You would have noticed by now that the ‘best practices for beginners’ series focuses on everyday, low-cost and customizable strategies that your non-profit can implement in order to get the best returns on investment, engagement and interaction.
I have received several comments and feedback from my readers, highlighting how effective they found the last two posts on Social Media Strategy for Non-Profit and Digital Outreach for Non-Profits, as they highlighted specific goals and marketing tips that any social media novice could apply to their careers at the non-profit sector.
In today’s post, let’s look at the best practices that a social media manager needs to keep in mind as we embark on implementing the outreach programs and marketing plans for non-profits.
1. Relationship History
In my previous post on digital outreach, the number one best practice I highlighted was to ‘Map Your Audience,’ basically, you need to have in-depth knowledge of your demographic before you begin to draw up a detailed plan to market to them. As a web producer at a United Nations advocacy initiative, I maintain these records on an Excel sheet and ensure that this data is updated every 3-6 months (I know, it is tough, but it’s a best practice, so it has to be done!).
Here’s something really cool that you could add to that Excel sheet: maintain a column that highlights the history of relationship between that professional / donor / institution and your organization. The details would answer questions such as:
1. Number of years of association
2. Did the person / institution participate in events you organized or vice-versa
3. Have they contributed to your website through content, case studies or testimonials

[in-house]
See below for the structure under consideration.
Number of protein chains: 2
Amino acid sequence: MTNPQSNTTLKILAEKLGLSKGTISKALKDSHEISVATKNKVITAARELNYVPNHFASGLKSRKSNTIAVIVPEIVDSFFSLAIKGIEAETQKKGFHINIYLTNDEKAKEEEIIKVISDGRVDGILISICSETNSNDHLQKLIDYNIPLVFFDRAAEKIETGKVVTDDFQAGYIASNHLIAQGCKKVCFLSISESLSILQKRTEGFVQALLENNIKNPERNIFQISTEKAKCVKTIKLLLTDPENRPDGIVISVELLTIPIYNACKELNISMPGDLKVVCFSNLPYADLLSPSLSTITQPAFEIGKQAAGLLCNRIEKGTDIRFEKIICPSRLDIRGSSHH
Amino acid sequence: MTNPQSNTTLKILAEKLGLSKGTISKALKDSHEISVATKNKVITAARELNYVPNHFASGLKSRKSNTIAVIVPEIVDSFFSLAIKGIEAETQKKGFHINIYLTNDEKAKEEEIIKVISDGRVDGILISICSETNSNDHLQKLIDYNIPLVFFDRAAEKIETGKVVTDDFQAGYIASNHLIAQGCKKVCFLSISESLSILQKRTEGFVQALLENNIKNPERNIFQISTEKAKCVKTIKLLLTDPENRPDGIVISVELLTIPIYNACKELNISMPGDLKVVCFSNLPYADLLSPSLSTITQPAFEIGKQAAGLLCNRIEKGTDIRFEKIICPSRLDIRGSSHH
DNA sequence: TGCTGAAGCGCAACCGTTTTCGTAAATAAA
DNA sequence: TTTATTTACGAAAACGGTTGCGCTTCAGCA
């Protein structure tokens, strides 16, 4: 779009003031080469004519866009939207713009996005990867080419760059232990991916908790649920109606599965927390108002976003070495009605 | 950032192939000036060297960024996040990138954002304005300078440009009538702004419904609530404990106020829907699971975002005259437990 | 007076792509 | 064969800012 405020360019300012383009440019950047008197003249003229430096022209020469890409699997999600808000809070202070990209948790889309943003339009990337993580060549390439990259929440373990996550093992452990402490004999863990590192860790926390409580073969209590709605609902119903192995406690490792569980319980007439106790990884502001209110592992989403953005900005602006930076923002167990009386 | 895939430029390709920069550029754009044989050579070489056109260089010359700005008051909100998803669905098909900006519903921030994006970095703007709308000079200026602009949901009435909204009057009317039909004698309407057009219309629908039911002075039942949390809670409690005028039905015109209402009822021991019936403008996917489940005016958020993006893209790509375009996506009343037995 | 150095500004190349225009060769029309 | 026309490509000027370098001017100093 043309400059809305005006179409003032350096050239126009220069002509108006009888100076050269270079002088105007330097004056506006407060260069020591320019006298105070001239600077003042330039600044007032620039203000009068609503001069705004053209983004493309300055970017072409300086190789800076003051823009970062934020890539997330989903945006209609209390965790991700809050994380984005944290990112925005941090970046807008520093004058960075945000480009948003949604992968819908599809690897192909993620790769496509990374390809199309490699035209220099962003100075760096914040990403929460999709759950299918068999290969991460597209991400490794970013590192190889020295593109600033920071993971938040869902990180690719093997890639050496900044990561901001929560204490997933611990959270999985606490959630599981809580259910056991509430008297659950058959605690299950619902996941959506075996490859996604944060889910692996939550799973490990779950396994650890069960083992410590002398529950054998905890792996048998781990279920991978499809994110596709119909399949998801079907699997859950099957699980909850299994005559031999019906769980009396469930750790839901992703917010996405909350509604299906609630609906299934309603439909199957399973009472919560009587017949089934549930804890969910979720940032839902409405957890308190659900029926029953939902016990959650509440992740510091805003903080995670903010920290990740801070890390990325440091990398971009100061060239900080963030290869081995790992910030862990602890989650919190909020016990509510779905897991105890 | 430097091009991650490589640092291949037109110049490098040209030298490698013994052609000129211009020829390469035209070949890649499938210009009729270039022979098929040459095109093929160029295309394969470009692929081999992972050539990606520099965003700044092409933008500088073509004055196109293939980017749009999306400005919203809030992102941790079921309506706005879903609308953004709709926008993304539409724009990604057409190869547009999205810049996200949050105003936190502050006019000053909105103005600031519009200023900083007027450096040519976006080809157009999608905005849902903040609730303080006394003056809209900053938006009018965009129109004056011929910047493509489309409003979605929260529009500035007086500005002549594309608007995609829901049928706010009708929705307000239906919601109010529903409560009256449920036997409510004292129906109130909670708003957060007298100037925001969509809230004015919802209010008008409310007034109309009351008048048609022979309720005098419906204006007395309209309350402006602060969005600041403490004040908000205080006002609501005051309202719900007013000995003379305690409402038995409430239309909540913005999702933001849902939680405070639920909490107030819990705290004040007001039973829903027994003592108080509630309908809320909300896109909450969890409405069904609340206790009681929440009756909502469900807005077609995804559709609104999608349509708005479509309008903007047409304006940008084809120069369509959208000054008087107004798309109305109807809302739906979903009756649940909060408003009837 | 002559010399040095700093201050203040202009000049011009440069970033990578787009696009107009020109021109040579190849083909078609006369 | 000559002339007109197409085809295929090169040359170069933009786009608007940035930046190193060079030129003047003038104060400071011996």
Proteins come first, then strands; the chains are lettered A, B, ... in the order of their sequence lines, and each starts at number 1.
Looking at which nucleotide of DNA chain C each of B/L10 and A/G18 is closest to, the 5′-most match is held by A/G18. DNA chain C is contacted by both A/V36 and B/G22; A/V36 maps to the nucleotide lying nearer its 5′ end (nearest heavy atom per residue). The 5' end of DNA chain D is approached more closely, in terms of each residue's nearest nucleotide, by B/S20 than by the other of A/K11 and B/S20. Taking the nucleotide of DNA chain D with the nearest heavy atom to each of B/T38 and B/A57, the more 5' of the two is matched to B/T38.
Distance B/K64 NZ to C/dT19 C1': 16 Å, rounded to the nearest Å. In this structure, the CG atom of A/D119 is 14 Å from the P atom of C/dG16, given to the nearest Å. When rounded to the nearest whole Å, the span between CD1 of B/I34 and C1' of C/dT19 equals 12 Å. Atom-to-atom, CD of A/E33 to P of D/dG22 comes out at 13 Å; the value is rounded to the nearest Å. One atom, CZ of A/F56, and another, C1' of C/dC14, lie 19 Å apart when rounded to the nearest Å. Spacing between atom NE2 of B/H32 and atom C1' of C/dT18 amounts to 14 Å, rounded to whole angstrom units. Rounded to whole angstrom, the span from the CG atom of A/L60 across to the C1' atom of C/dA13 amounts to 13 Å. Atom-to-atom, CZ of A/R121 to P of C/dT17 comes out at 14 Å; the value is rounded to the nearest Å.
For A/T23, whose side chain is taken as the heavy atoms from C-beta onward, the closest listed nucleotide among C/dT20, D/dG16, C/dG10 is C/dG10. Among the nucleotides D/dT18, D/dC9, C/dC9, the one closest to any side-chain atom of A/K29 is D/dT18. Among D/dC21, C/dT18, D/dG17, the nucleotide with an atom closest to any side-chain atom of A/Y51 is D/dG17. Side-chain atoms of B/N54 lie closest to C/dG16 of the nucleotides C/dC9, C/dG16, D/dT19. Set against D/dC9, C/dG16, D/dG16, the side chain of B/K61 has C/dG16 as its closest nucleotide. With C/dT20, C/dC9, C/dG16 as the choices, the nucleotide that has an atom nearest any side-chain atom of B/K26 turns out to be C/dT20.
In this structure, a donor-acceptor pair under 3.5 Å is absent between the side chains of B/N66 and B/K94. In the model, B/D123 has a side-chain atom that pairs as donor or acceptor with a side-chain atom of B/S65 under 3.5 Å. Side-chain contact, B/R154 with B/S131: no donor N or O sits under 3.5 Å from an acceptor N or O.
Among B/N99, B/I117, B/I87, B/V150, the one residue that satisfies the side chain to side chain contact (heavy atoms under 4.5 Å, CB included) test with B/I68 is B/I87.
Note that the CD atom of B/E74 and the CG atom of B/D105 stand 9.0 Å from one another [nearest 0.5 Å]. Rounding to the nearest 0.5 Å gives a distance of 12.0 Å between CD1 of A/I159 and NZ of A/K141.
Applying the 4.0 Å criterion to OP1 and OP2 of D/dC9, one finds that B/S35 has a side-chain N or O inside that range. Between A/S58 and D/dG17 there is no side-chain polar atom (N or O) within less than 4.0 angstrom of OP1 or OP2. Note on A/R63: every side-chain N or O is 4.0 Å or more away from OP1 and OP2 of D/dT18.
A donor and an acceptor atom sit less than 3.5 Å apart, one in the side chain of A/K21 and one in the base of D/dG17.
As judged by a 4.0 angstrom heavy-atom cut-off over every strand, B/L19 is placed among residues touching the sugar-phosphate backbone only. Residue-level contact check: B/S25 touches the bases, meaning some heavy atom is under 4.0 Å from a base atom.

4. Have you partnered with them for fundraising, industry workshops or trips
5. Point of contact
This particular bit of information is often not highlighted in social media outreach plans. When you have a ready reference on how your organization has worked with a particular constituent, you will be able to:
a. Reach out to them with specific material, at the right time and reach out to the right person.
b. Impress them with your insights on how your organization and theirs have worked together in the past.
2. Content Calendar
I will be honest enough to admit that when I started off as a social media consultant for non-profits and academia, I never thought about maintaining a content calendar. I could have had a much easier time managing my social media commitments if I had the foresight to commit to a calendar that featured all the content I was planning to release every day.
A visual map of your social media editorial does three things:
1. Gives you breathing space: If you have a sizeable portion of your content ready for launch a couple of days in advance, it acts as an armor. Preparation is half the battle won.
2. Gives you a quick visual representation of the kind of content you are promoting